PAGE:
Castle Walk

From Wikipedia, the free encyclopedia
Jump to: navigation, search
Castle walk

Castle Walk is a dance originated and made famous by Vernon and Irene Castle. The Castle Walk became popular through its introduction into the Tango.

In this dance, the man continually goes forward and the lady backward. In order that the lady may be properly guided about the room, the man's arm encircles her just under her arm, while her left hand rests on the man's right arm. The position of the lady's right arm and the man's left arm is high, with their hands clasped, see the illustration.[1]


The man starts forward with his left foot and the lady backward with her right, simply walking with gliding steps keeping on the toes, one count of the music to each step. This step is continued to the end of the room, where a large circle is begun, which is gradually made smaller and smaller, until it is ended by whirling completely around three times, to three counts of the music and then dip.[1]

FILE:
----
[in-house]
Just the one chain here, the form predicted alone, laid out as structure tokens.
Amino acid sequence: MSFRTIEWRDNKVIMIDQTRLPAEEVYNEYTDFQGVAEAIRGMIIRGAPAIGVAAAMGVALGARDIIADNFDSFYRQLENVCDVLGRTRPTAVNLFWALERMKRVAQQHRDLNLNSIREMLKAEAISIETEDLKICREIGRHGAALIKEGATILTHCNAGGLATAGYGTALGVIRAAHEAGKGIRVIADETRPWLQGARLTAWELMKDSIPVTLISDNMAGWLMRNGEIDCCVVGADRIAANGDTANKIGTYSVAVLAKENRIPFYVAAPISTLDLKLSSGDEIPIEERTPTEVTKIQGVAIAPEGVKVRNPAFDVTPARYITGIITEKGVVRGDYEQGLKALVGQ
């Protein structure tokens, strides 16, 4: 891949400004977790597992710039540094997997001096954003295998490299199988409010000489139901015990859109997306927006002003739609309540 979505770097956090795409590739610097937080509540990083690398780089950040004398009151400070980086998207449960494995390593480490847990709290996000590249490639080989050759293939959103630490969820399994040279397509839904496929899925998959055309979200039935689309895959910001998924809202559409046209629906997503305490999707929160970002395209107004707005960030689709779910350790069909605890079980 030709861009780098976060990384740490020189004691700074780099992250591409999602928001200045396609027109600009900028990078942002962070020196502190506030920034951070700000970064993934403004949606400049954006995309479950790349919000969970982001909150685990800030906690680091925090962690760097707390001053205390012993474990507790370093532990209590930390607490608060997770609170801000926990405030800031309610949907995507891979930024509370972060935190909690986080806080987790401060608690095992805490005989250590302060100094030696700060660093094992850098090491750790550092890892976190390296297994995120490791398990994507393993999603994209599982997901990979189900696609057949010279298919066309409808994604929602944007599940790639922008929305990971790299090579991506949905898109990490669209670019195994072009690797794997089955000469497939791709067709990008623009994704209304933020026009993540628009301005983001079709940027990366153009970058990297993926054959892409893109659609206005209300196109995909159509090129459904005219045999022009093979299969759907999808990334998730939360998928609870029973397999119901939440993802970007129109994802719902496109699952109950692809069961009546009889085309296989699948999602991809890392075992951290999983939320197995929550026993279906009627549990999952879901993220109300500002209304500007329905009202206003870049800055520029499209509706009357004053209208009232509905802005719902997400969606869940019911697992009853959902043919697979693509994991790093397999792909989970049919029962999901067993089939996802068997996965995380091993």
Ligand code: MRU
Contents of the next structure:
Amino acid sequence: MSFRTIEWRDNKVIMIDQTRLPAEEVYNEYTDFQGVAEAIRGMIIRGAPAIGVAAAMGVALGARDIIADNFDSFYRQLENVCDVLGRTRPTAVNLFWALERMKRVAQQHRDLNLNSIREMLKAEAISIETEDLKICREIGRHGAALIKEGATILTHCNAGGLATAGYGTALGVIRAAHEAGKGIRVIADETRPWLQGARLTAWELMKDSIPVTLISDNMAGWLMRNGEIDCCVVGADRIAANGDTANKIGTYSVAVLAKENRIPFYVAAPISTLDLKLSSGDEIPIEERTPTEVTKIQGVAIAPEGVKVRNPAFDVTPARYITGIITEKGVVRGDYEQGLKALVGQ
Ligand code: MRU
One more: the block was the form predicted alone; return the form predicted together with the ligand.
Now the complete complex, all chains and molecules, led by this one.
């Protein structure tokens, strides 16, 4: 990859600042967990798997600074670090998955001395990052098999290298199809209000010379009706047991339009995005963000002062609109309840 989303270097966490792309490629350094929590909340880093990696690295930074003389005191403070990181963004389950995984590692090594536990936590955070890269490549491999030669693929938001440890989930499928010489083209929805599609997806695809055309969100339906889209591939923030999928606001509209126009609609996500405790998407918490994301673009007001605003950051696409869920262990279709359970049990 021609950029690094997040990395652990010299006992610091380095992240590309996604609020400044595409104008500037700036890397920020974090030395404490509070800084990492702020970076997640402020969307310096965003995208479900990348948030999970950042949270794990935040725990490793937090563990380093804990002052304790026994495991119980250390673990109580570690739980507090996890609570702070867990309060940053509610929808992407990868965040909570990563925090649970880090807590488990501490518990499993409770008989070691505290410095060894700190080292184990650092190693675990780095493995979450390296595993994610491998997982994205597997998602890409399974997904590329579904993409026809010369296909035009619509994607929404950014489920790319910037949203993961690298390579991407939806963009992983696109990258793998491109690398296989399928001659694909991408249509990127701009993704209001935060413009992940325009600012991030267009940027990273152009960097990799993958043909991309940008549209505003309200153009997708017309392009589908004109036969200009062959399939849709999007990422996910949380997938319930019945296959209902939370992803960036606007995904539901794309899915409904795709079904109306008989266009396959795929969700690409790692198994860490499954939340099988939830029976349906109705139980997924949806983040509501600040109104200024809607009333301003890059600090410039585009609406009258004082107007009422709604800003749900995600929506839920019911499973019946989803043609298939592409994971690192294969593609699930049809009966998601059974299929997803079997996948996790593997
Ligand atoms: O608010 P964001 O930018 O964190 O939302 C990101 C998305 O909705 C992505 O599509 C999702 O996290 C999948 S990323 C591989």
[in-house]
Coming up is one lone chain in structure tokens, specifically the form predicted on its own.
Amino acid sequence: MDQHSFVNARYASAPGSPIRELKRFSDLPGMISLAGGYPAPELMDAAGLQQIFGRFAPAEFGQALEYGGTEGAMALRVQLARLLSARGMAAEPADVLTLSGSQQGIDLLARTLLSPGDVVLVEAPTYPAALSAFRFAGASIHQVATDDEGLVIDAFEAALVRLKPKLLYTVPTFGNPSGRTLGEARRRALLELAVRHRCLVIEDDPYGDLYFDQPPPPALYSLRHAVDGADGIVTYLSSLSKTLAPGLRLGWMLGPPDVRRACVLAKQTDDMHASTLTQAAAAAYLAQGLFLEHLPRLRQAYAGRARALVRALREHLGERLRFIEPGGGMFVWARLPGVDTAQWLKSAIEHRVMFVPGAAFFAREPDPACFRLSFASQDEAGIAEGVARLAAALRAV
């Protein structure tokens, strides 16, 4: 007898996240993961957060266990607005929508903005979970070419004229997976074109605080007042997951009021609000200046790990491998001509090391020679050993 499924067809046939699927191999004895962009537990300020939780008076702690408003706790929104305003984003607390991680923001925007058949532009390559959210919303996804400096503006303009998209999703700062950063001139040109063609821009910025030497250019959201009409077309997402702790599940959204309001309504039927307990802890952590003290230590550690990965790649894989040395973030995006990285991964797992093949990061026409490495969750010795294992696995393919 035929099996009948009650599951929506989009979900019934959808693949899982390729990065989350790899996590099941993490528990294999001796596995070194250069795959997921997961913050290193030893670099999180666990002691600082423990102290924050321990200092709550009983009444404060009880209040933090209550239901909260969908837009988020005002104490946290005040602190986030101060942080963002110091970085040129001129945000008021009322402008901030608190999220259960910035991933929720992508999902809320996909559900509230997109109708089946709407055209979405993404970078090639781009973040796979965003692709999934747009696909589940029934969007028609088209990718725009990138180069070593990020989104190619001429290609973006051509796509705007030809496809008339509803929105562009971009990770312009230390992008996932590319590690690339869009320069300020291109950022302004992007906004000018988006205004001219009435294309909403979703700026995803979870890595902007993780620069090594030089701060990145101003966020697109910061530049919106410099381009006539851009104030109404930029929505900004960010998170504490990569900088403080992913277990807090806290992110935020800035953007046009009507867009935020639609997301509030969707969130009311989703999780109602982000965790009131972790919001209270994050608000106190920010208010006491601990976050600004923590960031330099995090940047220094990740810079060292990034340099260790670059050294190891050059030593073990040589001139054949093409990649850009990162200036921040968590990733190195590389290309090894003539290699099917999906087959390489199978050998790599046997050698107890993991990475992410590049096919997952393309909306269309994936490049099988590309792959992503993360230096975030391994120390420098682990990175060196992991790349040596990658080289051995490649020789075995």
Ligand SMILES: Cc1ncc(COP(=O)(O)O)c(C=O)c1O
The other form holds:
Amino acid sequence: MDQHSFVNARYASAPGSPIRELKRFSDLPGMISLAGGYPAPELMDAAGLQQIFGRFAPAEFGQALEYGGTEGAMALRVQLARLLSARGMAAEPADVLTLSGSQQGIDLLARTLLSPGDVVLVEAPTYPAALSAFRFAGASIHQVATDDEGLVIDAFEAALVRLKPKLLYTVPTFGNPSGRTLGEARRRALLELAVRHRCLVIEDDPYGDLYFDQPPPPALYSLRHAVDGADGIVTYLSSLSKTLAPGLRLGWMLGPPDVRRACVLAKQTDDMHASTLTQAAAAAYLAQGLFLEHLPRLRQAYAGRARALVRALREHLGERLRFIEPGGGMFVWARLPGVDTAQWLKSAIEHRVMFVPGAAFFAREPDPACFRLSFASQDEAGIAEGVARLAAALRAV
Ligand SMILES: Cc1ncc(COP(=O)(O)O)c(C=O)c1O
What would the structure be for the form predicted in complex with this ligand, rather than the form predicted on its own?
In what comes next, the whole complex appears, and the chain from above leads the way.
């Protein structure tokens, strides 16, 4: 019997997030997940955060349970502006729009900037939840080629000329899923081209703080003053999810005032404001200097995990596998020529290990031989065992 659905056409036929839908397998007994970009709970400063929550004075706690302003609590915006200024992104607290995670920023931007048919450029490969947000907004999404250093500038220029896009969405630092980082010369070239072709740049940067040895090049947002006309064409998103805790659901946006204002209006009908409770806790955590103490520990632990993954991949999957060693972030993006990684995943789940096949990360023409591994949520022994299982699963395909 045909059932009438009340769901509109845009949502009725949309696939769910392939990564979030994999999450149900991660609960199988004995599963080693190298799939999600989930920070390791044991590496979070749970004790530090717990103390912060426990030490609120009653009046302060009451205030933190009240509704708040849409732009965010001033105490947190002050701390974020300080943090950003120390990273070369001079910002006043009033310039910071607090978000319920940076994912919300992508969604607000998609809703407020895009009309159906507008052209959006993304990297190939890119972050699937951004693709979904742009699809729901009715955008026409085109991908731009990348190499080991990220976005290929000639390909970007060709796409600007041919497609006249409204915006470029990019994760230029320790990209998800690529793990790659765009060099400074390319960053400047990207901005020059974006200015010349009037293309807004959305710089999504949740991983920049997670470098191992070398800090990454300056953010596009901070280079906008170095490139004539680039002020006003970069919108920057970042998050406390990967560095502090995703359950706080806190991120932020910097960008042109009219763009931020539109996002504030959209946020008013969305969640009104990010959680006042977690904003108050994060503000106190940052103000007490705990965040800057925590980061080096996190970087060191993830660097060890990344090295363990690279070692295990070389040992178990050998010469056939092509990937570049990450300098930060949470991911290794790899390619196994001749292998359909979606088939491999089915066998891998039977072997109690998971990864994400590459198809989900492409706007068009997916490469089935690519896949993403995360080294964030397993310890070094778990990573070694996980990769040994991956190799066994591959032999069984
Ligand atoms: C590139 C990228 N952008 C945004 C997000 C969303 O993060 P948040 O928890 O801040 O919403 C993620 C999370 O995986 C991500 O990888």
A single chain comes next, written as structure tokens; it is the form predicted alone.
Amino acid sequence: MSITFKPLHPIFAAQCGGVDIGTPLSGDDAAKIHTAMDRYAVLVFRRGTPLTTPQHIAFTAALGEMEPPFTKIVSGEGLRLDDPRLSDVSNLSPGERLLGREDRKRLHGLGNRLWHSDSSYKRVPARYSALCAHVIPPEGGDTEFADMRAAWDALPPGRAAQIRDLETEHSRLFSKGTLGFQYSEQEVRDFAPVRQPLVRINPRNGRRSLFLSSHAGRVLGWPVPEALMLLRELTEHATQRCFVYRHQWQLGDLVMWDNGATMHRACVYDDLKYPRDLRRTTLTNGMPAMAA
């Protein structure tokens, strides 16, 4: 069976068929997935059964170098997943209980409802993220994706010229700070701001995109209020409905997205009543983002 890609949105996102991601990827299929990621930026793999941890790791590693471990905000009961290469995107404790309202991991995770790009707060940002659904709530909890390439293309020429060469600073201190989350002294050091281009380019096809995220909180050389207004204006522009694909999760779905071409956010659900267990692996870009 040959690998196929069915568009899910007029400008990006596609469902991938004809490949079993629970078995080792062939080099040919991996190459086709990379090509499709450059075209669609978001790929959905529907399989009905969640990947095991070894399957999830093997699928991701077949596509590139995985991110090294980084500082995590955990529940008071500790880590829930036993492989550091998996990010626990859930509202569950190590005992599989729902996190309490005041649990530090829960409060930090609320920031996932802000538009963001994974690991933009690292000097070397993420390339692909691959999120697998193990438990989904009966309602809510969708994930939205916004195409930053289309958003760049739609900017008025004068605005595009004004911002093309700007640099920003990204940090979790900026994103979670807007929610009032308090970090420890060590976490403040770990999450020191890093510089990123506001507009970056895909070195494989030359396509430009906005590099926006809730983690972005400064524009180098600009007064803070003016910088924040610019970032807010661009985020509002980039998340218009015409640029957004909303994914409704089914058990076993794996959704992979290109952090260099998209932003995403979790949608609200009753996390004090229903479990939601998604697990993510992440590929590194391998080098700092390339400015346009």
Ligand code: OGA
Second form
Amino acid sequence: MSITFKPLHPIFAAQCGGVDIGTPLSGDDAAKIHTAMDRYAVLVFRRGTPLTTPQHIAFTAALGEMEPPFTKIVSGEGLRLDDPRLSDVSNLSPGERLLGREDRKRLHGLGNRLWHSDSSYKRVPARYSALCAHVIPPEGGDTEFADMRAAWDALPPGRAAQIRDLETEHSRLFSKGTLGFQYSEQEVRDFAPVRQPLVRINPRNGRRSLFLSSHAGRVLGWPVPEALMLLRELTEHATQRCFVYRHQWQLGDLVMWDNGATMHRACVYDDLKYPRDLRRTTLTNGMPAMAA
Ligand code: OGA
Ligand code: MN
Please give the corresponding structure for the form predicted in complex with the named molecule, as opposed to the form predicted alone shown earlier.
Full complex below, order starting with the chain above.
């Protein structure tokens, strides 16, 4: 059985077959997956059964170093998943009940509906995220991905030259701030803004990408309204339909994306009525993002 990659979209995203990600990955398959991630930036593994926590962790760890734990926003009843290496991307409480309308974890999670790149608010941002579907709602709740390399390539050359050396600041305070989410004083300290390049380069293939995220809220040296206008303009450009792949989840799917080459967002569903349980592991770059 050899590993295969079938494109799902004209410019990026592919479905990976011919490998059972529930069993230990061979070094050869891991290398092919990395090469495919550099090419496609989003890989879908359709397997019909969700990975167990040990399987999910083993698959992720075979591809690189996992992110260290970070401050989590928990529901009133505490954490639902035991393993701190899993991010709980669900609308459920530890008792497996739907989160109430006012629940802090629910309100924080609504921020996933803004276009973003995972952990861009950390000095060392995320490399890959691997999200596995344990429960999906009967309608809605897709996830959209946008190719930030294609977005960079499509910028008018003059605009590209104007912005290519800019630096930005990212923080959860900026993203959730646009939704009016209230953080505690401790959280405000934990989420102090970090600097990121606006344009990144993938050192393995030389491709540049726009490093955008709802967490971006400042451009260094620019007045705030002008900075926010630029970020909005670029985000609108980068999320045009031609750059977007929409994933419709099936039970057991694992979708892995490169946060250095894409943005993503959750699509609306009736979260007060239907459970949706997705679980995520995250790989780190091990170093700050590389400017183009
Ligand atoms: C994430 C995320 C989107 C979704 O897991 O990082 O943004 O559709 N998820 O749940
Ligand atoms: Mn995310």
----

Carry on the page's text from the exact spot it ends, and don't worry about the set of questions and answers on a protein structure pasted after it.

The Castle Walk may be varied by describing the figure eight or zig-zag instead of the large circle.[1]

To make the three whirls is rather a difficult matter, as it must be done very rapidly to accomplish a complete revolution to one beat of the music, but with a little practice it is soon learned.[1]

Troy Kinney describes the Castle Walk as part of One-Step as follows: [2]

This is a walking step of direct advance and retreat, not used to move to the side. The couple are in closed position, the woman, therefore, stepping backward as the man steps forward, and vice versa. The advancing foot is planted in fourth position, the knee straight, the toe down so that the ball of the foot strikes the floor first. The walk presents an appearance of strutting, although the shoulders are held level, and the body firm; a sharp twist that punctuates each step is effected by means of pivoting on the supporting foot. The shoulder and hip movements that originally characterised the "trot" are no longer practiced.

References[edit]

  1. ^ a b c d the description from An American Ballroom Companion
  2. ^ Troy Kinney, Margaret West Kinney (1914) "The Dance: Its Place in Art and Life" (public domain, digitized by Google)

External links[edit]